Introductions to deep learning are too complicated and spend too much time trying to thrill you with details and real-world applications.
This makes them a frustrating place to start. You already know that deep learning is amazing and that it actually works on real problems. You know that most of the hard work in industry is in the data cleaning. You don’t want to set up a new environment, or play with parameters, or get dirty in the data.
The actual first thing you want to do is to train a model, as soon as possible, and it doesn’t matter how simple it is. Once you’ve trained your own model you’d be more than happy to learn about overfitting, data cleaning, and splitting strategies as well. But first you just want to create something yourself and see it work.
Hello Deep Learning is the missing introduction to deep learning. It’s a series of challenges, each of which gives you a task and a perfect, synthetic dataset and asks you to train and play with a trivial model. The challenges cover image generation, text classification, and tabular data, and each one:
- Runs on your laptop
- Trains in a few seconds
- Uses perfect, noiseless, synthetic data that takes seconds to generate
- Has absolutely no sidebars
Hello Deep Learning allows you to rapidly experiment with simple models and take your first steps in a calm, kindhearted environment. It gets you ready to leap into the detail and chaos of the real-world.
You can get the challenges, data generation scripts, and setup instructions on GitHub. Let me know how you get on; if they’re useful then I’ll make more!
1. Image classification
Train a classifier that distinguishes between red squares and yellow circles. Your program should be able to:
- Train a model that can distinguish between squares and circles
- Use it to run a few individual predictions on specific images
- Display the confusion matrix
The repo includes a script that generates 200 images of circles and 200 of rectangles and saves them in the
- I did this using a fastai
vision_learner based on the
resnet18 pretrained model.
- I mostly copied and stitched together code snippets from chapter 2 of the fastai book
2. Text classification
Train a classifier that distinguishes between text inputs of positive and negative words, for example
"happy chirpy awesome" and
"awful terrible heinous". Your program should be able to:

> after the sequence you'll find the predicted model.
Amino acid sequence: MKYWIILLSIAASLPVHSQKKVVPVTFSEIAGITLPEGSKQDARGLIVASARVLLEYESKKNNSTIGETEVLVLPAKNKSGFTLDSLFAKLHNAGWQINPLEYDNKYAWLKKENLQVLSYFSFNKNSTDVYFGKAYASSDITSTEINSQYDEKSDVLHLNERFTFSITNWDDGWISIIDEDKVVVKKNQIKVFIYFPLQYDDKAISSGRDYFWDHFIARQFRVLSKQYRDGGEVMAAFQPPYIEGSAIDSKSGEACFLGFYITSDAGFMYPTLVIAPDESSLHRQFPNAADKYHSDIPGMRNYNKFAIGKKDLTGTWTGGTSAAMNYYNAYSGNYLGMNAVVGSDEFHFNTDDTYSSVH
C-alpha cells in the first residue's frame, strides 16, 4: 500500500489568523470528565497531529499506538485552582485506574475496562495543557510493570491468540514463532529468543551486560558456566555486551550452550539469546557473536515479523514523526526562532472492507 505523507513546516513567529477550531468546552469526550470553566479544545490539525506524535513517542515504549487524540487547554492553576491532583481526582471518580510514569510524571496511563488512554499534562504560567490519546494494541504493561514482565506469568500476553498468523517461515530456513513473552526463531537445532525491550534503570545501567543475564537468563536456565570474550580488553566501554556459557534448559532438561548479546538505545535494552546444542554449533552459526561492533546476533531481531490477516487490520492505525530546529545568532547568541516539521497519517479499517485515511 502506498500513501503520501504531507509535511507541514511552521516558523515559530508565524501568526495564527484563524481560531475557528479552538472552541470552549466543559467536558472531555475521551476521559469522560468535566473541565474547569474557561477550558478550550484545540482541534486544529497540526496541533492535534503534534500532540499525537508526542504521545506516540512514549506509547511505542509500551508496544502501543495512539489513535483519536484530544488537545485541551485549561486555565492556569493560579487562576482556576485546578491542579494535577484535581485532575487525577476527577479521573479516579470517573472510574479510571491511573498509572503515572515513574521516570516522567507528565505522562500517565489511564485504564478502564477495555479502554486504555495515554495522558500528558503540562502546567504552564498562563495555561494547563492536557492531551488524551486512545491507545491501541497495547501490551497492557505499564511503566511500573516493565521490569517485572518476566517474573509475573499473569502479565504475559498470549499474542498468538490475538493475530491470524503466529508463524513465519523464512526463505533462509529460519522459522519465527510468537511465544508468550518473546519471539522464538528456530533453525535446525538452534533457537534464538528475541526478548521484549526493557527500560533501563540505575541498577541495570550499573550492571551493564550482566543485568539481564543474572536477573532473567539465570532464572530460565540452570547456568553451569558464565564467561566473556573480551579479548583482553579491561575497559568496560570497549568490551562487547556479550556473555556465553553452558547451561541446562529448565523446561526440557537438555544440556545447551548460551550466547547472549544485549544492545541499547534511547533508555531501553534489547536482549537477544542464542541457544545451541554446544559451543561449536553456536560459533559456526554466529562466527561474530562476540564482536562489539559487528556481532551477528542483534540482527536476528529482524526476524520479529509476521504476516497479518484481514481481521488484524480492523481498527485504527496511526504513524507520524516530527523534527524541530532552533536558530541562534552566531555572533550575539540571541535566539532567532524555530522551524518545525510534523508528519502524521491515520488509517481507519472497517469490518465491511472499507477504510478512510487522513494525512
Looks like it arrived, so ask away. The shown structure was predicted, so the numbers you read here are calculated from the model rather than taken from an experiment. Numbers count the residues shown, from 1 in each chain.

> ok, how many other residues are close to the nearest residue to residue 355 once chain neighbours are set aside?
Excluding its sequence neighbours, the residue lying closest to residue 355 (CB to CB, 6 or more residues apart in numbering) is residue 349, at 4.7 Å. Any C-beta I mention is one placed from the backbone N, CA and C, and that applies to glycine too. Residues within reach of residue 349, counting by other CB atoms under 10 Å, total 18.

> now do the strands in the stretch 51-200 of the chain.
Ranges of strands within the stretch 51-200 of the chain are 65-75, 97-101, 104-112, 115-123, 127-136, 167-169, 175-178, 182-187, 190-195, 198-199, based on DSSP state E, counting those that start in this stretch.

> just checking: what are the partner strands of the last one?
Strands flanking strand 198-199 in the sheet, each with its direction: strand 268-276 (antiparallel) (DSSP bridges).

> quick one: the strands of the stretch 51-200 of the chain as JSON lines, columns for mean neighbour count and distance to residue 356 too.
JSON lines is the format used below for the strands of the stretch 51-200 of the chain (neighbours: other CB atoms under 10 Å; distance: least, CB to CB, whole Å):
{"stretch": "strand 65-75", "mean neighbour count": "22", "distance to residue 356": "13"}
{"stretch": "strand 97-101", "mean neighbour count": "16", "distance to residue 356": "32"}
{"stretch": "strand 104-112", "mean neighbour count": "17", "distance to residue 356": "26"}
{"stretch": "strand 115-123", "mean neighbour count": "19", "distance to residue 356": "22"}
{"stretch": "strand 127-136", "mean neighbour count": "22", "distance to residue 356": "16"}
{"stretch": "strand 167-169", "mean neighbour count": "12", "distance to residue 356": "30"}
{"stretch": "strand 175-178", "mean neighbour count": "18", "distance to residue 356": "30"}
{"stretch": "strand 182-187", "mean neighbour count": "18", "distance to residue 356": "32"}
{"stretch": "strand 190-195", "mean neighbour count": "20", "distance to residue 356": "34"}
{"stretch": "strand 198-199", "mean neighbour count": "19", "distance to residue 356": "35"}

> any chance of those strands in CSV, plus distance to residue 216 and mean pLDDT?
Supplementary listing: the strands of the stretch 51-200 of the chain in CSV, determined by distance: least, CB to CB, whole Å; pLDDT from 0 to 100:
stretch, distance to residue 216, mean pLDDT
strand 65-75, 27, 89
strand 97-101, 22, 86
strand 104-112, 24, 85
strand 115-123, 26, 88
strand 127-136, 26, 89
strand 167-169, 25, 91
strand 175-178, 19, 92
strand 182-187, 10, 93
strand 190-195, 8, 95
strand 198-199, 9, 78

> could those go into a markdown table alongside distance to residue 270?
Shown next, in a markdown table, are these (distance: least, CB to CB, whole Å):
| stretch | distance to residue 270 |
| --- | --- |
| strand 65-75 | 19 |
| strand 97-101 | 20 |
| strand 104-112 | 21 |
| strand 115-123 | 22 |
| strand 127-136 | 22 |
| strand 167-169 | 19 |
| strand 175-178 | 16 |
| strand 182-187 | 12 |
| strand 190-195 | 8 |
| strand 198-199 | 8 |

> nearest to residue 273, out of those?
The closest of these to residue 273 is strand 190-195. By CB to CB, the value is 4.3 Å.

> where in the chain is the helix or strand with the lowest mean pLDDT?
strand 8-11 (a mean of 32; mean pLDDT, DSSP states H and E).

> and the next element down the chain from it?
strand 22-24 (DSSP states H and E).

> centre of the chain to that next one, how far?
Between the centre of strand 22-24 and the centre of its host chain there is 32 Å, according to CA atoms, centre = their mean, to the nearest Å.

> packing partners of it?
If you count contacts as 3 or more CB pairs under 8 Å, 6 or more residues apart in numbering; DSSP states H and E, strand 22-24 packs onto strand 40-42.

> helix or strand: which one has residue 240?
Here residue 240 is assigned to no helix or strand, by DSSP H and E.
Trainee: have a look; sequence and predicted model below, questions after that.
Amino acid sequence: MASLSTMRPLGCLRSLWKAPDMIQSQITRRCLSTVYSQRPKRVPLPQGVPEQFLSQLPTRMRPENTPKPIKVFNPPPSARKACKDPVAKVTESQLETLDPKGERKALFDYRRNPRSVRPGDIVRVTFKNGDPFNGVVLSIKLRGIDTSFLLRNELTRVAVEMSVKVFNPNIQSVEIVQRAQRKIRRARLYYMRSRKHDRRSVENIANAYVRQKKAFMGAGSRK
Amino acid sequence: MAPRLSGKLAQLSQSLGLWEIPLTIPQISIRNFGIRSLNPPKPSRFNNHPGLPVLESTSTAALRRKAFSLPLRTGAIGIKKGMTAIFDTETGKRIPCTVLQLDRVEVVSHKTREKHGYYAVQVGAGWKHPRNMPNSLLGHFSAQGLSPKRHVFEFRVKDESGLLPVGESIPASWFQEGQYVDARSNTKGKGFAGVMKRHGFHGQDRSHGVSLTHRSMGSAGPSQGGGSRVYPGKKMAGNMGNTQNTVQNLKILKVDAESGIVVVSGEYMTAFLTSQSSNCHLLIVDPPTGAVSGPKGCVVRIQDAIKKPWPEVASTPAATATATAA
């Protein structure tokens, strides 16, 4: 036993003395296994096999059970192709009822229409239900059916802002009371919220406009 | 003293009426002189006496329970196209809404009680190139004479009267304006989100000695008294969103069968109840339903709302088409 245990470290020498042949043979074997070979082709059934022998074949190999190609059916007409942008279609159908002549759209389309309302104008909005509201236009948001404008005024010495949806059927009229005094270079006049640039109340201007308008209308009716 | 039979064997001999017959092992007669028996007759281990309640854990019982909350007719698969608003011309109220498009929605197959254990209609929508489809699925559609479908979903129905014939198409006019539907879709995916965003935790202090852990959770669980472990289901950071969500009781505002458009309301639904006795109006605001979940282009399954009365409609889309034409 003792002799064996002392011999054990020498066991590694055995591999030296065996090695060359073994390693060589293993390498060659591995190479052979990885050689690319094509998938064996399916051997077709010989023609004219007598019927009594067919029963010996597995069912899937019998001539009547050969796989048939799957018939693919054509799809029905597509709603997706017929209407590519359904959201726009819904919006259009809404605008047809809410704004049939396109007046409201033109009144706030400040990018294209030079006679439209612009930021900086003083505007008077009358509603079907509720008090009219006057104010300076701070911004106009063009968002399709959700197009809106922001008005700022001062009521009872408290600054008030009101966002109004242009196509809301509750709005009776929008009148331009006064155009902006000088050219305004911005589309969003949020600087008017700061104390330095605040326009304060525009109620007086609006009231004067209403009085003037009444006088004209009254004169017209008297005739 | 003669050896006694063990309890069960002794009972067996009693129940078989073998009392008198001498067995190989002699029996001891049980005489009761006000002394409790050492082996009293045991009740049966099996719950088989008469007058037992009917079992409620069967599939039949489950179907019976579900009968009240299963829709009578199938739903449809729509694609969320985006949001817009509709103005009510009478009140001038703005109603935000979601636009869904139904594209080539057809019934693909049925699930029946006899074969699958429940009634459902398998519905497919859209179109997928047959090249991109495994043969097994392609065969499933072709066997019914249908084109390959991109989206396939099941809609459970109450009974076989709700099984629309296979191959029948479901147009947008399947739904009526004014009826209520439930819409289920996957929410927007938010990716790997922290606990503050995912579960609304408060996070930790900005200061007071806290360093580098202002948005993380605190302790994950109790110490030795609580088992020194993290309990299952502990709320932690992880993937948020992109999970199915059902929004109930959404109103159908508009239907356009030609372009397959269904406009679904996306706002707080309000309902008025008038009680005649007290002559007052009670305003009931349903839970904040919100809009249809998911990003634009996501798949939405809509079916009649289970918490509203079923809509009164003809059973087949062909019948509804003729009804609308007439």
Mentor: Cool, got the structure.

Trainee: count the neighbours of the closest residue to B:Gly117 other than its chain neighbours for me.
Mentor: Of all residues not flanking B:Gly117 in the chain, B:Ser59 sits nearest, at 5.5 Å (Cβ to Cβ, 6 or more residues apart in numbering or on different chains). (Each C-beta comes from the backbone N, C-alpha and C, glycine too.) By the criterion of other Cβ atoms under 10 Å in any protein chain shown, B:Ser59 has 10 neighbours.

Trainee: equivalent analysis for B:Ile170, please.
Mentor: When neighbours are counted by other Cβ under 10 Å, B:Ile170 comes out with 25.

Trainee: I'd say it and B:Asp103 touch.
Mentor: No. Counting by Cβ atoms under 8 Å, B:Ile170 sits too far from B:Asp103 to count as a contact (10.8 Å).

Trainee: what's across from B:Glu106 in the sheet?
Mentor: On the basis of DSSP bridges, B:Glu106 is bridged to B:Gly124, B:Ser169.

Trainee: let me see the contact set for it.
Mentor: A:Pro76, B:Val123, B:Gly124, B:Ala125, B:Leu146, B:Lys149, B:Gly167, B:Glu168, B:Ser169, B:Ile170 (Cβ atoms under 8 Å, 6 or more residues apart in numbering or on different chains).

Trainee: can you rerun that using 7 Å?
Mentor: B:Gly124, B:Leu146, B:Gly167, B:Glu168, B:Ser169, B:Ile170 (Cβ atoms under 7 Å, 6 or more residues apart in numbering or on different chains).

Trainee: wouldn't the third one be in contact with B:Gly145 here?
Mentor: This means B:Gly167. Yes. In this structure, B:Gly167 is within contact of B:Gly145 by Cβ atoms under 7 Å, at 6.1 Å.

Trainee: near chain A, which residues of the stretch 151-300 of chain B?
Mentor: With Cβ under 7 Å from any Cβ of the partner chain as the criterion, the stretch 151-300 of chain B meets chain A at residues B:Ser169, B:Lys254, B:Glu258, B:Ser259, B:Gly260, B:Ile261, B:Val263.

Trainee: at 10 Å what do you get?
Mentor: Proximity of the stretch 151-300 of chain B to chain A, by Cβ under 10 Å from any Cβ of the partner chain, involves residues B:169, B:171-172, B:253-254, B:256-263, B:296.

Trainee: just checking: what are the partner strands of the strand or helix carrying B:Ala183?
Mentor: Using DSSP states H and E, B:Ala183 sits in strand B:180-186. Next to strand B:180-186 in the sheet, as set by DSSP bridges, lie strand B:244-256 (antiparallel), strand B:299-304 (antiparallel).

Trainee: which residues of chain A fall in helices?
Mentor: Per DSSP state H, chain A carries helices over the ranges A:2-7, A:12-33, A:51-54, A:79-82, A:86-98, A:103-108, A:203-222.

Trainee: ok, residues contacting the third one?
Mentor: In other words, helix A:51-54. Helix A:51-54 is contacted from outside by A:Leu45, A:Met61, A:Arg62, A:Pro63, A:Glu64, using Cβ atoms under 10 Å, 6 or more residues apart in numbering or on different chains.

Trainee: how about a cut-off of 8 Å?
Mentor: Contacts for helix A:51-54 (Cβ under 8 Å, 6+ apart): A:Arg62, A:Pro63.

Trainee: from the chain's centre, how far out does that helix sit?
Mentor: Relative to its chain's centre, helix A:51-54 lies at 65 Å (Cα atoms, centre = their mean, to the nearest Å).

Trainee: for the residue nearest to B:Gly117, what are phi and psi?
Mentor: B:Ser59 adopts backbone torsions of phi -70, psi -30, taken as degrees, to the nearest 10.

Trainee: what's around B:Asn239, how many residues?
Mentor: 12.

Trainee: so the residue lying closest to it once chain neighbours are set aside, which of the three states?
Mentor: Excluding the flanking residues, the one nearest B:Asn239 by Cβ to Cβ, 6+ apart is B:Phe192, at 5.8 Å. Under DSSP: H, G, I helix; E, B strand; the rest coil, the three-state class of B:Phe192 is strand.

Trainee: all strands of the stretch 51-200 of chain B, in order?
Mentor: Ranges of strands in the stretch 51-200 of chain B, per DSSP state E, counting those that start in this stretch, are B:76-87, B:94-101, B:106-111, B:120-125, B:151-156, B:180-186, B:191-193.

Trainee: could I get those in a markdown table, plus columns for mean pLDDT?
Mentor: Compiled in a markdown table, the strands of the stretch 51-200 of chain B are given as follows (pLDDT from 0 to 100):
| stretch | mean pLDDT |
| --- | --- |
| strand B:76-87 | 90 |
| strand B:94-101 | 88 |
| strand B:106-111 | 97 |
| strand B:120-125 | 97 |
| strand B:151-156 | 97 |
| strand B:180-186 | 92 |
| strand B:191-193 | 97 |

- Train a model that can distinguish between this type of positive and negative input
- Use it to run a few individual predictions on specific inputs
The repo includes a script that generates 1000 text files containing positive words and 1000 containing negative words and saves them in the
- I did this using a fastai
language_model_learner based on the
AWD_LSTM pretrained model, and a fastai
- I copied and stitched together code snippets from chapter 10 of the fastai book
3. Decision trees
Train decision trees that reverse-engineer the rules from src/generators/random_tabular.py that were used to randomly generate a tabular dataset. Your program should be able to
- Train a decision tree that reverse-engineers the rules
- Train a random forest that reverse-engineers the rules
- Uses these models it to run a few individual predictions on specific inputs
- Calculates the RMS error on a validation set
- Visualises the decision tree, using (for example) the
The repo contains a script that generates 1 JSON file containing 10,000 data points and saves it in the
data/random_tabular/data.json file.. Each data point contains:
- 6 features:
f. Each of these is a random integer between 0 and 100.
- 1 label:
y. This label is derived deterministically from the features using simple rules contained in src/generators/random_tabular.py .
- I did this using an sklearn
- I copied and stitched together code snippets from chapter 9 of the fastai book
My solutions are in
src/examples/ in the repo, although they’re not the only way to solve the challenges, and they’re almost certainly not the best way to solve them either.
Get the challenges, data generation scripts, and setup instructions on GitHub. Let me know how you get on; if they’re useful then I’ll make more!